Fort Carson prosecutors on Tuesday portrayed a soldier charged in the killing of an Afghan prisoner as a malingerer who is hiding behind a defense of mental illness to shield him from the consequences of his crime.

Defenders of Pfc. David Lawrence say the 1st Brigade Combat team soldier is suffering from mental illness and is so doped up on drugs to battle schizophrenia that he didn’t understand the hearing on whether he’ll be tried for premeditated murder, a charge that can bring the death penalty.

“Premeditation was easily proven,” prosecutor Maj. George Brauchler said at the close of the two-day hearing. “He shot a guy who was chained to the floor while he was asleep.”

Lawrence, 20, was serving at an outpost north of the Afghan city of Kandahar on Oct. 17 when he was sent to guard a prisoner captured that day — an alleged Taliban leader known by the pseudonym Mullah Mohebullah.

During his guard shift, prosecutors say, Lawrence entered Mohebullah’s cell and fired a single round from his rifle into the Afghan’s face. The case drew worldwide attention after Afghan President Hamid Karzai issued a blistering condemnation of the killing a day after Mohebullah died.

Defense attorney James Culp spent little time during the hearing on whether Lawrence pulled the trigger. Instead, he focused on his client’s mental state.

He argued that the government shouldn’t move ahead in the case until it’s known whether Lawrence is sane.

“If the military cares what perceptions are of the military justice system, it sure hasn’t been evident in this proceeding,” Culp said.

Lawrence’s relatives say he reported hearing voices in his head in the days leading up to the shooting.

A medic who served with Lawrence, Pfc. Dimitri Jenkins, said he and others had been concerned about the Indiana-native’s mental state even before the unit went to Afghanistan in July. He often seemed too eager for combat and talked frequently about his desire to kill the enemy.

“Sometimes he felt out there, a little bit crazy,” Jenkins testified.

After the Afghan was shot, Jenkins said Lawrence seemed gleeful and said “it had to be done.”

“He had the biggest smile I had ever seen, it was cheek to cheek,” Jenkins said.

Lawrence wasn’t smiling Tuesday. He nodded off so often during the daylong hearing that prosecutors assigned a sergeant to nudge him back to consciousness when his head fell to his chest.

Lawrence sought mental health treatment a month before the killing and was on prescribed anti-depressants and sleeping pills at the time of the shooting, witnesses said.
Army psychiatrists are evaluating Lawrence to decide if he’s mentally fit to stand trial. Results of the sanity probe are due Dec. 10.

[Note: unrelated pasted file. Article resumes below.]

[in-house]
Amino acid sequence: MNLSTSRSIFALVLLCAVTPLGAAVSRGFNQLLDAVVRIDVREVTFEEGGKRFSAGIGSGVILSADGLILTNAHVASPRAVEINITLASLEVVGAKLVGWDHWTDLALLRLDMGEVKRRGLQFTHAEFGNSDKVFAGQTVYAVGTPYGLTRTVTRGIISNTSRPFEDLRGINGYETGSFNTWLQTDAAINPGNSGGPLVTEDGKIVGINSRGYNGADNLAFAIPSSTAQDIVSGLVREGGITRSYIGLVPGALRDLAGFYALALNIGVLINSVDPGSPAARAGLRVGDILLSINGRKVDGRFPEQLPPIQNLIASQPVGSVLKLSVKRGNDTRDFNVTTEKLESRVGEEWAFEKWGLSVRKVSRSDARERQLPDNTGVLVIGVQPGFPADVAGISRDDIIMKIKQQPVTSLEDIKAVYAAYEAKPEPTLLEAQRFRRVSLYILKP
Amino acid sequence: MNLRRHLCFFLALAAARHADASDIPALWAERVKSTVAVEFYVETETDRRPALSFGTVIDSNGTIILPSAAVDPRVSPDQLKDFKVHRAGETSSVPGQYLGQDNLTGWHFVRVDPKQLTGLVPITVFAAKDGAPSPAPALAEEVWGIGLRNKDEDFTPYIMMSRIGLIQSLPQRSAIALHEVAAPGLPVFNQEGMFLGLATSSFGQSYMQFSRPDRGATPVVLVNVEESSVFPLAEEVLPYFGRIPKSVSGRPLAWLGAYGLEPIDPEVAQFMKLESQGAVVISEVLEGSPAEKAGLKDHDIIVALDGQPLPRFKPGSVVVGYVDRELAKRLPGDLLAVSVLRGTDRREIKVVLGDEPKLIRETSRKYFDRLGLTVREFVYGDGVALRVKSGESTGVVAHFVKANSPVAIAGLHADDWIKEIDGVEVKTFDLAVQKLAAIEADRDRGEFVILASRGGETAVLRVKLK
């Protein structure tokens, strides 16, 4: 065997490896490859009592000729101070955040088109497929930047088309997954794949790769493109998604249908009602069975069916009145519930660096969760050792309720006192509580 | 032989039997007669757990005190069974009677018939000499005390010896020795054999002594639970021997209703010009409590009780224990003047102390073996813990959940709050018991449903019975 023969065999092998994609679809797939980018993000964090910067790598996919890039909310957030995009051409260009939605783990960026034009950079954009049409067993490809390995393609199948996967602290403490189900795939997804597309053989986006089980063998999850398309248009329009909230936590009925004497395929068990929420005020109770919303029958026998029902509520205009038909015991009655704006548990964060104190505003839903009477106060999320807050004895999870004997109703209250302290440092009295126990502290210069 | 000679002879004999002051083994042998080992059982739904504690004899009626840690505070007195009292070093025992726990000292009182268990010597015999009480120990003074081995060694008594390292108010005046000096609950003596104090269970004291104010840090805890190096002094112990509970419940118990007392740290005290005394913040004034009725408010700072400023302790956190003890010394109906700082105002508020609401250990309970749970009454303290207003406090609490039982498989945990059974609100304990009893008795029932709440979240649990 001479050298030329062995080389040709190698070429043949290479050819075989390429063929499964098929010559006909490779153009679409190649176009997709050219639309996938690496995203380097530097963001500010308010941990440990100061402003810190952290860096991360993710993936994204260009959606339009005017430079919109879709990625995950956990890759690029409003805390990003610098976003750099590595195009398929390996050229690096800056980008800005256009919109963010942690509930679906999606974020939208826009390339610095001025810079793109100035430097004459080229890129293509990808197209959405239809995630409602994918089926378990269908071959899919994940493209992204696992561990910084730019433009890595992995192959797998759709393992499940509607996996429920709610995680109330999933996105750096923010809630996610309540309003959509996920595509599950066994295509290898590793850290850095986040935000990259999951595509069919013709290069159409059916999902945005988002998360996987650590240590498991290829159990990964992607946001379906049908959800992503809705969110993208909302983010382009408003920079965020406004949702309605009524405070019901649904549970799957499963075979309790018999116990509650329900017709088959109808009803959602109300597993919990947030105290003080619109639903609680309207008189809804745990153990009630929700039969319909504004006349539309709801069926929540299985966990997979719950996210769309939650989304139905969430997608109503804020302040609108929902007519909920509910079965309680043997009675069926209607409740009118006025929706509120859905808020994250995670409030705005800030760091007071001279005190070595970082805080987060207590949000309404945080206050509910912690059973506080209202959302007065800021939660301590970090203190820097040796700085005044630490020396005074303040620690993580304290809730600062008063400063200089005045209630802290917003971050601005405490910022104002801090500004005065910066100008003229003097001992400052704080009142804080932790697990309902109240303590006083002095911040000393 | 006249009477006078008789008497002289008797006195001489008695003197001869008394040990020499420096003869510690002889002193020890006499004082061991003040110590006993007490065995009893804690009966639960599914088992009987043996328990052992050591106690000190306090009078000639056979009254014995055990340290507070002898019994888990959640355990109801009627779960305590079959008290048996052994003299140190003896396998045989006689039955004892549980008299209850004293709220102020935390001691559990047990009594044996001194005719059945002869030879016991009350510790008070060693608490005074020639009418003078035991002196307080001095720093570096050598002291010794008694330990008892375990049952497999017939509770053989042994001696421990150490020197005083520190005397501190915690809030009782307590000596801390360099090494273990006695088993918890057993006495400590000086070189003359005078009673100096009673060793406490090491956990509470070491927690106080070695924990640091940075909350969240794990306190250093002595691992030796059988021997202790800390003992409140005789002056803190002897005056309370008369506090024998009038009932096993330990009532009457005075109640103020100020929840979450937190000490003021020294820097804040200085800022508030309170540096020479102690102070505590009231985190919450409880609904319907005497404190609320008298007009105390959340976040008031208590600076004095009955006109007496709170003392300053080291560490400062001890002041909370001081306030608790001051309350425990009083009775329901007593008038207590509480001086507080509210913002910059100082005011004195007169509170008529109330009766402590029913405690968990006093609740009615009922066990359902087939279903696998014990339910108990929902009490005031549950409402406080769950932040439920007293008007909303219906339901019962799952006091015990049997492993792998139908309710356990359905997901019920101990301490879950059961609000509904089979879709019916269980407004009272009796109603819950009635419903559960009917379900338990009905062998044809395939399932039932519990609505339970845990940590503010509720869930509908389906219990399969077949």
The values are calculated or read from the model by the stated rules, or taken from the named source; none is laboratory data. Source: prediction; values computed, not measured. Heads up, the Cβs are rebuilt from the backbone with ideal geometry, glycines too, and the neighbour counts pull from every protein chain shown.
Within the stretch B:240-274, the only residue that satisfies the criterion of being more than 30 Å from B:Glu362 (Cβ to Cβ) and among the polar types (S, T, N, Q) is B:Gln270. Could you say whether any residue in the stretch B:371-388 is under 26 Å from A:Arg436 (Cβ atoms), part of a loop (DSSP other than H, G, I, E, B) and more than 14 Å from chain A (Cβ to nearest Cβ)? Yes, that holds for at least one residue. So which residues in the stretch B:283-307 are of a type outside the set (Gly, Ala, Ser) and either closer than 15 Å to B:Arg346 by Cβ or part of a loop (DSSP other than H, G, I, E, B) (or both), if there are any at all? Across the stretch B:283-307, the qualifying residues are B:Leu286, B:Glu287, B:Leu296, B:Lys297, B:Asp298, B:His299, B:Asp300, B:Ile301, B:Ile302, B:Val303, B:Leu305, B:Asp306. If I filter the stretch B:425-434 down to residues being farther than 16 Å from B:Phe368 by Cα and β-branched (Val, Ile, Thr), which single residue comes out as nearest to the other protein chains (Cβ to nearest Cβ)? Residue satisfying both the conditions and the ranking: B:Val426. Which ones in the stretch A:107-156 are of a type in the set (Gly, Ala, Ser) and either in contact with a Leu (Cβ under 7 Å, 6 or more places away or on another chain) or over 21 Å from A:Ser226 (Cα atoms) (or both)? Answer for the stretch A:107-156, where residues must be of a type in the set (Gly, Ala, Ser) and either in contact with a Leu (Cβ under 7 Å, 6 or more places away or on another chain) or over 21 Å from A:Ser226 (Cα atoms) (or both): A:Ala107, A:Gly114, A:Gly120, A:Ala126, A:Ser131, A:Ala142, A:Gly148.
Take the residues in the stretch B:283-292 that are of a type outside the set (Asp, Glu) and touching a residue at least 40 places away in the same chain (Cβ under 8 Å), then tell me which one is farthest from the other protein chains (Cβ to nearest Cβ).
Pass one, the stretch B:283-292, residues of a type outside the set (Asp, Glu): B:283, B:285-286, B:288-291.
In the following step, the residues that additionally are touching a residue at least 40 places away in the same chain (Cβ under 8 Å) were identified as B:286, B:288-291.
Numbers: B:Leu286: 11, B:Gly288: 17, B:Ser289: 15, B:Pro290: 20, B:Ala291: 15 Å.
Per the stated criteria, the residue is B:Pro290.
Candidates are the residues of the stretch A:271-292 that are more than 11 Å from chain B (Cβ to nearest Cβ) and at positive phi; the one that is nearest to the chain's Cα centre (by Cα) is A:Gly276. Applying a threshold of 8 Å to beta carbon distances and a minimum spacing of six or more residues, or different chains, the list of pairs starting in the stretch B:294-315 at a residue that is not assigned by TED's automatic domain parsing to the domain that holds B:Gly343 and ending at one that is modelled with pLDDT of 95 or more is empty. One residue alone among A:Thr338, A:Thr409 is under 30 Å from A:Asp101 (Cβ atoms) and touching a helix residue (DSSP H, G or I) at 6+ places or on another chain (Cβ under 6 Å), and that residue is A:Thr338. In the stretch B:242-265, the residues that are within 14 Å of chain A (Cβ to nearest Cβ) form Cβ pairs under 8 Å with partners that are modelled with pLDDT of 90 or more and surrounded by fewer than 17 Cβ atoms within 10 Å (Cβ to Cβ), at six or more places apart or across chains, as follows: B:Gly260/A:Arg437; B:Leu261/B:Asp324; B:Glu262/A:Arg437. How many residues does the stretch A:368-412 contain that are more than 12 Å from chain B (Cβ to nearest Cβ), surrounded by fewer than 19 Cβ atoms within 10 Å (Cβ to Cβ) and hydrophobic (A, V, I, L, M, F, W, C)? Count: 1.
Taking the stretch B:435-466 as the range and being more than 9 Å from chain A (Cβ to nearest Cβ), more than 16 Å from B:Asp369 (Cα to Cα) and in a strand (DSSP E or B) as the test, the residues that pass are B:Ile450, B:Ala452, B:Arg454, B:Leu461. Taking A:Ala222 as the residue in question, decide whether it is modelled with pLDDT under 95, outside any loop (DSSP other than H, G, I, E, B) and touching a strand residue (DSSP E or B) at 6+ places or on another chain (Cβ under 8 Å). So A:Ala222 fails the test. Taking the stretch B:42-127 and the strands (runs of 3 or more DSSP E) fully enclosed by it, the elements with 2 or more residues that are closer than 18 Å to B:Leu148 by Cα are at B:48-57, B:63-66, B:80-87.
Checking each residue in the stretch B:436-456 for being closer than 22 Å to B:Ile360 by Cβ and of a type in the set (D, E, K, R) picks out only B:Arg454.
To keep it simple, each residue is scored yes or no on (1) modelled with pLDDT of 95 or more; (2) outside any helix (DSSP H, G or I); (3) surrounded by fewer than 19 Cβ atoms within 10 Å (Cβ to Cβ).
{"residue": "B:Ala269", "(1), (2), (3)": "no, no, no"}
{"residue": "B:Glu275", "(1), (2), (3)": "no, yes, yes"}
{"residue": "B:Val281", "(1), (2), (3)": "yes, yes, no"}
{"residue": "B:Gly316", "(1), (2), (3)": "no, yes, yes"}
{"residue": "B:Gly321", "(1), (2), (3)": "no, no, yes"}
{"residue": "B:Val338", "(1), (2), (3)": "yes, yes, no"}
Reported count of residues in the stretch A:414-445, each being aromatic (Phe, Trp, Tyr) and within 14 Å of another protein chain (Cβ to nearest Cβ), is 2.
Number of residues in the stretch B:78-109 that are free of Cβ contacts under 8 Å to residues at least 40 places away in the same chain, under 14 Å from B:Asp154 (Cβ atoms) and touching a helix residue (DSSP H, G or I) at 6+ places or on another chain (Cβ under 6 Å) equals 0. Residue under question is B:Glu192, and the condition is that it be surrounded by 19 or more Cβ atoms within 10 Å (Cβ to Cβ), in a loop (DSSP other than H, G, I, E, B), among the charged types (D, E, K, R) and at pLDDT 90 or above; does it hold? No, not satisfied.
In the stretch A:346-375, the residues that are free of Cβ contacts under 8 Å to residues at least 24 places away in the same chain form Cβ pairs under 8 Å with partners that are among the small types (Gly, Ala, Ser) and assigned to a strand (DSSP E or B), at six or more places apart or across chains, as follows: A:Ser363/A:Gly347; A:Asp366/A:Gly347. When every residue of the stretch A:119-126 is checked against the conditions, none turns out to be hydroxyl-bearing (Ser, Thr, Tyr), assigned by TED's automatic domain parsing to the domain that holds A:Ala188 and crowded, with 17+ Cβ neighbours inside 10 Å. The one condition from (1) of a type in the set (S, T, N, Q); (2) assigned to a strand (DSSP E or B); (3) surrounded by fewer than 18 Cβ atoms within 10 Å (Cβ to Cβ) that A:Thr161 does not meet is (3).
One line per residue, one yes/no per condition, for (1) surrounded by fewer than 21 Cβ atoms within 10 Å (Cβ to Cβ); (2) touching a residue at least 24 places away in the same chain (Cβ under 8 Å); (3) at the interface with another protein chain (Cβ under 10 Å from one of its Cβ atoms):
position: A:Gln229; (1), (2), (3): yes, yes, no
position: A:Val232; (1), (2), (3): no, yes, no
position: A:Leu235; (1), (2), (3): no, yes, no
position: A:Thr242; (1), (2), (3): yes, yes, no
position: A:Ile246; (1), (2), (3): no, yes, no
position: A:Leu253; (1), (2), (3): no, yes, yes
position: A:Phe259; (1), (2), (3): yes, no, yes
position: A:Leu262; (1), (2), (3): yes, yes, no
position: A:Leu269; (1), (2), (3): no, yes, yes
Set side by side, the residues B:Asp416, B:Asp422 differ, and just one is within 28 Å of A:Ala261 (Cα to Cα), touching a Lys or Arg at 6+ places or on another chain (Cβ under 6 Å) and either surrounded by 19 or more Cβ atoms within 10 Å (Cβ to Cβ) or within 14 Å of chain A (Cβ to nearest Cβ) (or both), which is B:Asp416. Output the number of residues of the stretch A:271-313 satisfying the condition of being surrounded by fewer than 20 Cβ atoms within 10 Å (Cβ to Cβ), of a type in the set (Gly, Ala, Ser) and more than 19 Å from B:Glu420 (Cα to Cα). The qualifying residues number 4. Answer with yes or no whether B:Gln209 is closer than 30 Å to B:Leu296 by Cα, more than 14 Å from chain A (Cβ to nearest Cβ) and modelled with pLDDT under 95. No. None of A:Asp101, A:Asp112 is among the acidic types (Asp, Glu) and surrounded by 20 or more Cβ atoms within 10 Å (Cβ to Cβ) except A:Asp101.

On Tuesday, prosecutors worked to cast doubt that mental illness played a role.

Men who guarded Lawrence at a military jail in Kandahar said the soldier spoke of “playing the crazy card” at  court martial. They said he asked how much time he would serve if convicted of killing Mohebullah.

“He said ‘If I get 20 years, I’ll be 40 when I get out — that won’t be so bad’,” one of his guards, Sgt. John Miller, testified. “He said he could read and work out a lot.”

Witnesses at the hearing said in the hour before Mohebullah died, Lawrence talked about doing something rash.

Jenkins said he thought that Lawrence was set to kill the prisoner and himself.

“He kept saying the same thing, like he had to do something,” Jenkins said.

In custody, Lawrence seemed oddly calm, witnesses said, smiling and joking from a jail cell.

“He was all smiles,” Miller testified.

After a medical evaluation in Kandahar, Lawrence was transferred to a psychiatric ward where guards said he tried to take his own life — bleeding heavily after pulling out an intravenous line. He was later taken to military hospitals in Germany and Washington D.C. for treatment.
Brauchler, the prosecutor, said evidence is thin, though, that Lawrence was insane when he pulled the trigger.

“No one ever hears him talk about voices, no one ever hears him talk about nightmares,” the prosecutor said.

A hearing officer — Capt. David Thompson — will issue findings this month on whether Lawrence should be tried. Those findings and the results of the sanity checks will go to Fort Carson’s Brig. Gen. James H. Doty Jr., who will decide how the case proceeds.

Witness Sgt. 1st Class John Murphy said Lawrence seemed resigned to fate while in the Kandahar jail.

“He said ‘If they punish me for killing an enemy of my country, what can I do?’,” Murphy said.

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